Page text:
BAA airport shops continue to offer products (with the exception of certain low-price brands of liquor and cigarettes) to EU passengers at duty and tax-free prices, sharing the cost of paying duty and VAT with retailers and suppliers in order to maintain an attractive value proposition. In the short-term, BAA communicated this proposition to customers through a vigorous marketing campaign. BAA stressed that passengers travelling outside the EU would see no change whatsoever. BAA introduced a perfume price promise, guaranteeing lowest prices and offering 40% off high Street prices. BAA zoned products in the duty-free shops to give a clear message to passengers about what products they could buy. BAA reduced and simplified the number of messages at the airports, including leafleting at check-in to provide destination-specific purchasing information, an advertorial campaign across a wide range of publications, and an airport tabloid newspaper.
For the longer-term, BAA have taken a number of measures designed to increase the size of their market. BAA are extending to all their UK airports the concept of combined domestic and international departure lounges, so that domestic UK travellers have access for the first time to a wide range of products at tax-free prices. Domestic passengers gained access to these lounges during the year at Gatwick North and South Terminals, Stansted and Edinburgh. BAA have introduced shopping collection points in all their UK terminals so that, again for the first time, intra-EU passengers can buy on their way out of the UK and collect the goods when they return. And BAA have opened their first airside shops for arriving passengers at Gatwick South Terminal and Heathrow Terminal 1, with plans for similar shops at other terminals. BAA had already set in motion, before abolition, plans to add 15% or 14,90Cm2 (160,000 sq ft) to our retail space. Major extensions to Heathrow Terminal 3 and Gatwick South Terminal opened in the second half of the year.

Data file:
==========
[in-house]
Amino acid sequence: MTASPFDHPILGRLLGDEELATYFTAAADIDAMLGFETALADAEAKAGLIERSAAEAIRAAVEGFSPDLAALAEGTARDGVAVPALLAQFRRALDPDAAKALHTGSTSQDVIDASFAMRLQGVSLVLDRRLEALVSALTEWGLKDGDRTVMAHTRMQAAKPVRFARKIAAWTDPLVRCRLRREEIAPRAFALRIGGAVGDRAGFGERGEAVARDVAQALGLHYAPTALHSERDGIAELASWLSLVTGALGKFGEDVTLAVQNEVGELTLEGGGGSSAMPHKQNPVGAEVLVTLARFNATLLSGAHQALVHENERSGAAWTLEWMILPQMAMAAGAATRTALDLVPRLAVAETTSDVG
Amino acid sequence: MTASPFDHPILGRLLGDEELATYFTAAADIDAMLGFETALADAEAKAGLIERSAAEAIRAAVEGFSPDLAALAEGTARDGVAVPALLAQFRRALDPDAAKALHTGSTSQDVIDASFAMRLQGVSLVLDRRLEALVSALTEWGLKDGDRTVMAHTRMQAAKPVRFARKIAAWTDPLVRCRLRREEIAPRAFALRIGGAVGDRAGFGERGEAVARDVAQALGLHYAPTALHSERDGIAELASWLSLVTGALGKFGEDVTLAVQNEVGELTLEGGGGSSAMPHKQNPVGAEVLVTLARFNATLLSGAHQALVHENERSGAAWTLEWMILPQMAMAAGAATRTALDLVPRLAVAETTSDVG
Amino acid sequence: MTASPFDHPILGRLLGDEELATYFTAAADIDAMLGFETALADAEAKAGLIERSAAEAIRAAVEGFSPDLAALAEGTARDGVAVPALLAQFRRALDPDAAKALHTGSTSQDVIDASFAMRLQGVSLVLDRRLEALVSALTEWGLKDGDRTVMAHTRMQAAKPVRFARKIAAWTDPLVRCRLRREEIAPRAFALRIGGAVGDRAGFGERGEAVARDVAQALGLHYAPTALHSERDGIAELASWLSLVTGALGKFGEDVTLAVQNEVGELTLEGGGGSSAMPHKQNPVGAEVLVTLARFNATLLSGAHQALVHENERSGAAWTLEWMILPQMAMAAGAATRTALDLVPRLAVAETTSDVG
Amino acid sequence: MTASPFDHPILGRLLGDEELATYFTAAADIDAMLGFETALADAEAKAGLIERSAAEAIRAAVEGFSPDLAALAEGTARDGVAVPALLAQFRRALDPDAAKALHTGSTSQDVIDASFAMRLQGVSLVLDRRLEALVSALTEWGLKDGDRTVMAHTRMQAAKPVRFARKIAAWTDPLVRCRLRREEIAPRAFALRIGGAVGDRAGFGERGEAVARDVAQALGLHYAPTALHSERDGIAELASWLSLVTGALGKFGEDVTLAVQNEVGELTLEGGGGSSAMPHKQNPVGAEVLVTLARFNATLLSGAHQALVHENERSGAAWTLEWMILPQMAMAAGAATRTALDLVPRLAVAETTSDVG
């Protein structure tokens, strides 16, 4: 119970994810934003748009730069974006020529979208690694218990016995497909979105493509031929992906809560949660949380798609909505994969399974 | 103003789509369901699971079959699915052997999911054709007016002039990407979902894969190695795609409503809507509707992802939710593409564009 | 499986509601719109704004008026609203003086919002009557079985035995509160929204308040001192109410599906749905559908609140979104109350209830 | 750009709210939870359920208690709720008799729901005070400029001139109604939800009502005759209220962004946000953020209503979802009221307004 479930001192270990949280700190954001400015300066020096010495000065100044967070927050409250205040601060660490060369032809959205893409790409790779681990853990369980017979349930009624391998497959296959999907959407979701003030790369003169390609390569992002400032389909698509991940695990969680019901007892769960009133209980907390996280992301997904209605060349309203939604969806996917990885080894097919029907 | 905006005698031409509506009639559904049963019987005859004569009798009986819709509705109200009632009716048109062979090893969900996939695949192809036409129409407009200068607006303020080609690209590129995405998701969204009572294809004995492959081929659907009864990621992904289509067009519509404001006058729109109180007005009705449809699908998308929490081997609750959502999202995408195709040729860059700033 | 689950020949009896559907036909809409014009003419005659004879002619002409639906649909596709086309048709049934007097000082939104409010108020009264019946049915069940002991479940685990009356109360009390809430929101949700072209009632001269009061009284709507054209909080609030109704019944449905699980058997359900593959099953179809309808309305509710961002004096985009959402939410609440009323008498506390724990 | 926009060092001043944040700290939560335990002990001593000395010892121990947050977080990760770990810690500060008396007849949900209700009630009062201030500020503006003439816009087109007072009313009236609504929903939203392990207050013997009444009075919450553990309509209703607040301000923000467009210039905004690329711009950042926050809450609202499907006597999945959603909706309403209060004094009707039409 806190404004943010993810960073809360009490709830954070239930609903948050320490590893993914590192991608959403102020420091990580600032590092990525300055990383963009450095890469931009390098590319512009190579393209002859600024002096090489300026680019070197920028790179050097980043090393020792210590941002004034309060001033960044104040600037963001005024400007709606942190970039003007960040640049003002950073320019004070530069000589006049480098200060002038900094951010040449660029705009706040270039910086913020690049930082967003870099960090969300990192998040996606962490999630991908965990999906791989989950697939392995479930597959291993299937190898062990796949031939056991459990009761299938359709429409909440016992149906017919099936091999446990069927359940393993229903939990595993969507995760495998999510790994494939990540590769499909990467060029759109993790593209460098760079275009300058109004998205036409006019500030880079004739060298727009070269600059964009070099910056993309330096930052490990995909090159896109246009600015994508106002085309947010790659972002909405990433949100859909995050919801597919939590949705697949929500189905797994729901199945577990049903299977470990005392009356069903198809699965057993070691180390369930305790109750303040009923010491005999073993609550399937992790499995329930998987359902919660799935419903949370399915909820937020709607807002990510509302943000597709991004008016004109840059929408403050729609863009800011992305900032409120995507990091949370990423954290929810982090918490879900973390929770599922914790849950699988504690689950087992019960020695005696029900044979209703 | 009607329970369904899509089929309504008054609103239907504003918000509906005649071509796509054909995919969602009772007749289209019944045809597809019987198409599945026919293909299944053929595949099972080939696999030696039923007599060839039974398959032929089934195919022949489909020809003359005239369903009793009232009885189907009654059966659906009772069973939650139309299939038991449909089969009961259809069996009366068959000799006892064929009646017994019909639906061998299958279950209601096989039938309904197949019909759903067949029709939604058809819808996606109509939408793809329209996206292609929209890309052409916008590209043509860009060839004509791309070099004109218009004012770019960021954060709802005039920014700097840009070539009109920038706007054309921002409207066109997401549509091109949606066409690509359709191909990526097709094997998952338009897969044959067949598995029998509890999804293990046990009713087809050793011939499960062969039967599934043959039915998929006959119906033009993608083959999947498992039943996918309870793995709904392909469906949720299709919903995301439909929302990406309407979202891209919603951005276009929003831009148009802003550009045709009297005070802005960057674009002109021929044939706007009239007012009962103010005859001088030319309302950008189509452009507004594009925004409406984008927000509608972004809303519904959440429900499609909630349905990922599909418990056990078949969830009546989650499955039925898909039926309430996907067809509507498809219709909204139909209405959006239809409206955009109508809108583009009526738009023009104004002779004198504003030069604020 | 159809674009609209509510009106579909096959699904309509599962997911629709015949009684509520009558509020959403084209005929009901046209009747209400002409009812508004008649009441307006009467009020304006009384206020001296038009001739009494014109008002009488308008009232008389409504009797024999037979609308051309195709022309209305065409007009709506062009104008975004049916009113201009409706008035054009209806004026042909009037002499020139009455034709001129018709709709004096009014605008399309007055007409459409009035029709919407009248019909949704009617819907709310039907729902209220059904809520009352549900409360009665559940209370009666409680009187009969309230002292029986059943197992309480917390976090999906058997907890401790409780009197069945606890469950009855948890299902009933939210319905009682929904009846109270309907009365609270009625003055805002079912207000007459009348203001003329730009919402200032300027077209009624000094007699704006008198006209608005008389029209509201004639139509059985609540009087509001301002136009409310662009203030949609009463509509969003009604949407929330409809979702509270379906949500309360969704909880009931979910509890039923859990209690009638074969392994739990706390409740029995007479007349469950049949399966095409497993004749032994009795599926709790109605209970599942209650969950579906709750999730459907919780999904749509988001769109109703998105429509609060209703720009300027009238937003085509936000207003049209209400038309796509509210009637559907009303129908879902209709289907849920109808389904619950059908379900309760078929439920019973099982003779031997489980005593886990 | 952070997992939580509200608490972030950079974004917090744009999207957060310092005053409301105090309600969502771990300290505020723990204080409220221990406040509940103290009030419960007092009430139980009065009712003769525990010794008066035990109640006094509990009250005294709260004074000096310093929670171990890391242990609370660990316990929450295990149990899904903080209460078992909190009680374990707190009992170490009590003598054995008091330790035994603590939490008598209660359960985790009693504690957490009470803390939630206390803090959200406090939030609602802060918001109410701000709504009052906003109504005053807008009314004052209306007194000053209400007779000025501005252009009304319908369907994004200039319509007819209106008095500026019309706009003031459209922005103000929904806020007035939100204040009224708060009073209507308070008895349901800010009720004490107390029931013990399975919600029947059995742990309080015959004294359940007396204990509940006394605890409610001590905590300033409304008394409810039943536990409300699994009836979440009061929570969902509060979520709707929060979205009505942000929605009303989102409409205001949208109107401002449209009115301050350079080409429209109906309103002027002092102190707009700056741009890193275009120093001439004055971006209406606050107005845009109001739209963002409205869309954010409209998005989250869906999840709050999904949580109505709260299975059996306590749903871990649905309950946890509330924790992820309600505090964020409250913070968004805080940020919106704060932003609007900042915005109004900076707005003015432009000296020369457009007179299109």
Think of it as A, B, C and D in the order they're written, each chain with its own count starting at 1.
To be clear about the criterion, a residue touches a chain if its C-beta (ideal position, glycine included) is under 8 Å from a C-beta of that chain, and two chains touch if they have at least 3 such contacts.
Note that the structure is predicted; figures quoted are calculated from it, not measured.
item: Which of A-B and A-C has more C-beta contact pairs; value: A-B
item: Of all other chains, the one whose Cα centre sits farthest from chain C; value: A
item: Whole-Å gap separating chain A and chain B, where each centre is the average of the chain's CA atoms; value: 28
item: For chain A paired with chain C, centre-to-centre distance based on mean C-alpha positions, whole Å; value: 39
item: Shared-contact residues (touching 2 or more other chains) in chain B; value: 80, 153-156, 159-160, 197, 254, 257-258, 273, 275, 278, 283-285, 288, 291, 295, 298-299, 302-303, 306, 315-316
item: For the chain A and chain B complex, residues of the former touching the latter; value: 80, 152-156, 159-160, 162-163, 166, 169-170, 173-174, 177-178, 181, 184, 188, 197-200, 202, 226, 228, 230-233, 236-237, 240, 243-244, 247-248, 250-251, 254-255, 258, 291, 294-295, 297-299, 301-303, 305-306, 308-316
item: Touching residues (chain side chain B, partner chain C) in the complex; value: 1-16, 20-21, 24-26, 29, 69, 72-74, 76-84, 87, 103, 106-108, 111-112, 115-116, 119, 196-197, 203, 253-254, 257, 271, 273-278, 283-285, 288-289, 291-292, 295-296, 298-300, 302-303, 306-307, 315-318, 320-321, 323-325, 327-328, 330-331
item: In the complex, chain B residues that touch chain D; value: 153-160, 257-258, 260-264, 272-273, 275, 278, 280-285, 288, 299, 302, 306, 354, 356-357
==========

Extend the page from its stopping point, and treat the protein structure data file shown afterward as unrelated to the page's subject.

Over the past year BAA added 4,000 m2 (43,000 sq ft) of space, all let at record levels income per foot for those locations. These include the first phase of their programme to open a further 14,900 m2 (160,000 sq ft) between 1999 and 2003. This will add 3,700 m (40,000 sq ft) at Heathrow Terminal 3, 2,800 m2 (30,000 sq ft) at Gatwick South Terminal, 3,700 m2 (40,000 sq ft) at North Terminal, 2,800 m2 (30,000 sq ft) at Stansted, and 1,15Cm2 (12,500 sq ft) at Edinburgh. Plans for further developments at Heathrow Terminals and 4 are in early concept development to deliver up to 7,500 m2 (80,000 sq ft) by 2003.
Additional space, operators and services have been introduced across our airports. New space, including substantial long-term capacity at Stansted; new services, including the Park 1 business park at Heathrow; and new contracts have contributed to a 13.1% increase in car park income to 105 million (f93 million).
BAA’s advertising management has continued to show strong growth with an increase in revenue of 10.6% to 24.1 million (f21.8 million). Their advertising contractor, Sky Sites, was acquired by JC Decaux in May 1999 and they re-tendered the contract to all major interested parties. The contract was awarded to JC Decaux in February (to take effect from 1 April 2000) and should help maintain the significant upward trend seen over the last three years. BAA have also finalised the first stage of a new and innovative sponsorship contract for HSBC to customise the interiors and exteriors of jetties at our south-east airports in conjunction with the London Tourist Board.
BAA owns almost 3,000,000 m~ (30,000,000 sq ft) of non-retail property in and around the airports, providing accommodation for more than 900 organisations. The company’s portfolio of investment property was worth [2,361 million ([2,400 million) at 31 March 2001. BAA’s property and operational facilities earned revenue of [319 million ([269 million).
BAA’s property interests are organised in two divisions. The airport division focuses on the management and development of airport operational facilities. BAA Lynton is a specialist airport-related property development business. The two divisions work together at each of our airports to ensure that the needs of our customers and business partners are met. BAA continue to base their business on the Property Challenge, a pioneering programme that treats tenants as valued customers and aims to provide: